#PhotoCollection : Tulipe de Thomas Struth

EINZELNE DUNKELROTE TULPE, DÜSSELDORF, 1993©Thomas Struth

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EINZELNE DUNKELROTE TULPE, DÜSSELDORF, 1993©Thomas Struth

Thomas Struth is a key figure in contemporary photography. Trained in painting by Gerhard Richter, he then attended the photography courses of the minimalist and conceptual couple Bernd and Hilla Becher at the Düsseldorf School of Photography. The influence of the Becher family would leave its mark on their students such as Andreas Gursky, Thomas Ruff, Candida Höfer and of course Thomas Struth. The latter is one of the most famous representatives of this current. Through works that are often of a traditional and serial nature, he reveals deeper concepts than they seem at first glance.

In 1990, Dieter Schwarz, then director of the Kunstmuseum Winterthur, asked Thomas Struth to take photographs for the patients’ rooms in the new wing of the Spital am Lindberg, a private hospital. After an introductory visit, Struth accepts this order. Although the hospital team imagined street photographs, typical of her work at that time and able to take patients out of their daily environment, Struth decided to focus on subjects that could represent weaknesses, like patients. By representing minimalist landscapes or intense still lifes, Struth brings a different interpretation of the simple biological study of plants and humanizes them, whose bright colours appear to be alerting.

“IN THE HOSPITAL, THE BODY IS IN A HIGH STATE, EVEN IN AN ALARM STATE. IT LED ME TO CHOOSE AN APPROACH IN WHICH A PARTICULAR DETAIL OF EACH FLOWER WOULD BE HIGHLIGHTED, BY ANALOGY WITH THE STATE OF THE DISEASE, IN WHICH A PART OF THE BODY OF WHICH WE ARE GENERALLY UNAWARE BECOMES THE FOCUS OF ATTENTION.”

THOMAS STRUTH

This work was carried out in the Winterthur region as well as the entire series. Struth travelled through the Thur Valley, the surrounding vineyards and farmland, as well as the hospital’s green spaces. Many of the plants and flowers he photographed were also found in the immediate vicinity of the hospital and in a garden on the grounds of the Oskar Reinhart collection. Several flower portraits come from her friends Ingo Hartmann and Hannah Erdrich-Hartmann in Düsseldorf, clematis, tulips, roses, cherry blossoms and dandelions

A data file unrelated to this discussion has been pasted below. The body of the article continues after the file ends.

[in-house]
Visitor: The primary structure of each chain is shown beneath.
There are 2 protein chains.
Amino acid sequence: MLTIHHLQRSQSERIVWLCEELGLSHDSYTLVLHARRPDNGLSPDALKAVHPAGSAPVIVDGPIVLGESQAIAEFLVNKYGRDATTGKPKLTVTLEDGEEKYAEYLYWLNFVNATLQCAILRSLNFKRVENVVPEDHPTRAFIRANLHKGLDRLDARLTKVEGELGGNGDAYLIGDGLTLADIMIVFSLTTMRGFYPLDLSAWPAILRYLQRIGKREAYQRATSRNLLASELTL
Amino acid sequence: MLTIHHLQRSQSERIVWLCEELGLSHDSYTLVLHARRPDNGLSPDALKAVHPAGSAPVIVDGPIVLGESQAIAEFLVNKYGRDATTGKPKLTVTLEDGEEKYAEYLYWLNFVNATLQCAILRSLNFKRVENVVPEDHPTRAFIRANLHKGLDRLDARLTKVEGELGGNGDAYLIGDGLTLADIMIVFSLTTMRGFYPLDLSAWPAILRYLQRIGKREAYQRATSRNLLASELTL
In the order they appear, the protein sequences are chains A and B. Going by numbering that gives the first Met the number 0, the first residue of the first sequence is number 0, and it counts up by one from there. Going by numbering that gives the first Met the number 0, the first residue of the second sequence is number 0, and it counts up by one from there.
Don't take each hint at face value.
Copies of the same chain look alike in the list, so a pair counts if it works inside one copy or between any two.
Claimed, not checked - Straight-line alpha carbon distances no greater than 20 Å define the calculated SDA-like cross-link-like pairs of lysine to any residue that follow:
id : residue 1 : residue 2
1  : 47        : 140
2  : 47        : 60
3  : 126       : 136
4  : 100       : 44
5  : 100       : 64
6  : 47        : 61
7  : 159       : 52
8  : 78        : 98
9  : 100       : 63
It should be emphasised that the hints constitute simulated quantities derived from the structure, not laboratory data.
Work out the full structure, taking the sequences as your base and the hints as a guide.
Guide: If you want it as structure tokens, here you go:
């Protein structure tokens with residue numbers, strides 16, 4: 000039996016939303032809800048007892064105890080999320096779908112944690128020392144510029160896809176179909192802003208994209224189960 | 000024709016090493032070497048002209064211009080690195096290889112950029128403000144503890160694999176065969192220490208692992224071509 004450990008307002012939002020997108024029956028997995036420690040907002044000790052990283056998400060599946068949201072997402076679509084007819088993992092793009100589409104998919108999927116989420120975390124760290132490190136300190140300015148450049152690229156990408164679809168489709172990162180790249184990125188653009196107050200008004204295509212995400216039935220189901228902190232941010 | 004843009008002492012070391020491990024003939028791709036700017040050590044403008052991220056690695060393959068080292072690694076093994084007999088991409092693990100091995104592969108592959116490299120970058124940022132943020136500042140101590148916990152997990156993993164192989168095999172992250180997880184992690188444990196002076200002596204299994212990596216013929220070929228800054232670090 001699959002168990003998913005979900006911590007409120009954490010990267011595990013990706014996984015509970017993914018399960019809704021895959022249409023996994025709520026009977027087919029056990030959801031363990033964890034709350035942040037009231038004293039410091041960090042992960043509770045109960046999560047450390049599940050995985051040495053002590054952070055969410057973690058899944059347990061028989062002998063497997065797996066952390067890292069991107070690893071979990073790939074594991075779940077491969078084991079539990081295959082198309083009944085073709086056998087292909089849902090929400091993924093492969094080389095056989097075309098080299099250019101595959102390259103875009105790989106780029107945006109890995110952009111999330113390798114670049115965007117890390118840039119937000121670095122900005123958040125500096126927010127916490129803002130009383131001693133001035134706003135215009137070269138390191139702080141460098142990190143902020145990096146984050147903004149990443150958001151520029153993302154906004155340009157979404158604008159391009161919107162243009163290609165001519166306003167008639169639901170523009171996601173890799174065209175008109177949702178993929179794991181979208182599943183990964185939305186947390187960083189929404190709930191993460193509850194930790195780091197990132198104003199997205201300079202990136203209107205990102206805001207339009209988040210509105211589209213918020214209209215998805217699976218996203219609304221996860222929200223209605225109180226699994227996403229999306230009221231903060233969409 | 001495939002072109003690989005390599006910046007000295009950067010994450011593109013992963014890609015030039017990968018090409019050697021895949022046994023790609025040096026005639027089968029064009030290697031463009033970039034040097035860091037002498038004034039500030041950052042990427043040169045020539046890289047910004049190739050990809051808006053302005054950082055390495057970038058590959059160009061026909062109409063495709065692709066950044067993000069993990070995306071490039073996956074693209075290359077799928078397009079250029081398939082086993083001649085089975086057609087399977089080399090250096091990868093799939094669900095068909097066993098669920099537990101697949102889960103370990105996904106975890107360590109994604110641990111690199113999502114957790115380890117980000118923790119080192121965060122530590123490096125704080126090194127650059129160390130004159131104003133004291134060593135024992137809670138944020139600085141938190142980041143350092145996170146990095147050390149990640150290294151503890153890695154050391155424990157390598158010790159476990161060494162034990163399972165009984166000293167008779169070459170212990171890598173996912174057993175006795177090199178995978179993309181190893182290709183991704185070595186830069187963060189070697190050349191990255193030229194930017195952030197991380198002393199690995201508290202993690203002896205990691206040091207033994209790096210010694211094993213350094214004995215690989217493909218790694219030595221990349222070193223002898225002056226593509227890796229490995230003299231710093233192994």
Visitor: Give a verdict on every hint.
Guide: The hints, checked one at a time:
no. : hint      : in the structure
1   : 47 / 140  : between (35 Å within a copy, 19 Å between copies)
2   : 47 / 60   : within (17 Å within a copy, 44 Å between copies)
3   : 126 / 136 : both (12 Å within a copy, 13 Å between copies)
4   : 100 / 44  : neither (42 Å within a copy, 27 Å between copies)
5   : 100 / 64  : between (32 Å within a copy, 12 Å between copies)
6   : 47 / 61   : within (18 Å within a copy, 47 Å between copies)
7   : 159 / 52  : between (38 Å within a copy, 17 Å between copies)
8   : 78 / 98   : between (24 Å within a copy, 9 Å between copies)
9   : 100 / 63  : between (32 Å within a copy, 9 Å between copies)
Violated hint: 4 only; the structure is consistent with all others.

Thomas Struth points out that the project has allowed a different and more pictorial approach to photography. He experiments with partially off-field or blurred images and a bright colour range. Close-ups of cherry blossoms, vines on a wall, clusters of sunflowers and inside woods and forests lead us to the larger and more exotic environments of New Pictures from Paradise which he realized later in 1998.

In each of the 37 rooms of the hospital, Struth hung a landscape in front of the patient’s bed and two photographs of plants and flowers behind it. These same prints have left their context to be included in Thomas Struth’s travelling exhibitions. The book Dandelion Room, published in 2001, brings together all of Winterthur’s work.

The artist is now represented by the largest contemporary art galleries such as Marian Goodman Gallery, Max Heztler and has already been the subject of numerous retrospectives in museums of international stature. His work is highly sought-after at auctions and recently fought for record amounts of money last March in London.

 

Explanatory note of 28 Vignon Street

THOMAS STRUTH
EINZELNE DUNKELROTE TULPE, DÜSSELDORF,1993

Chromogenic printing, edition: 7/10, Image size: 84 x 67 cm

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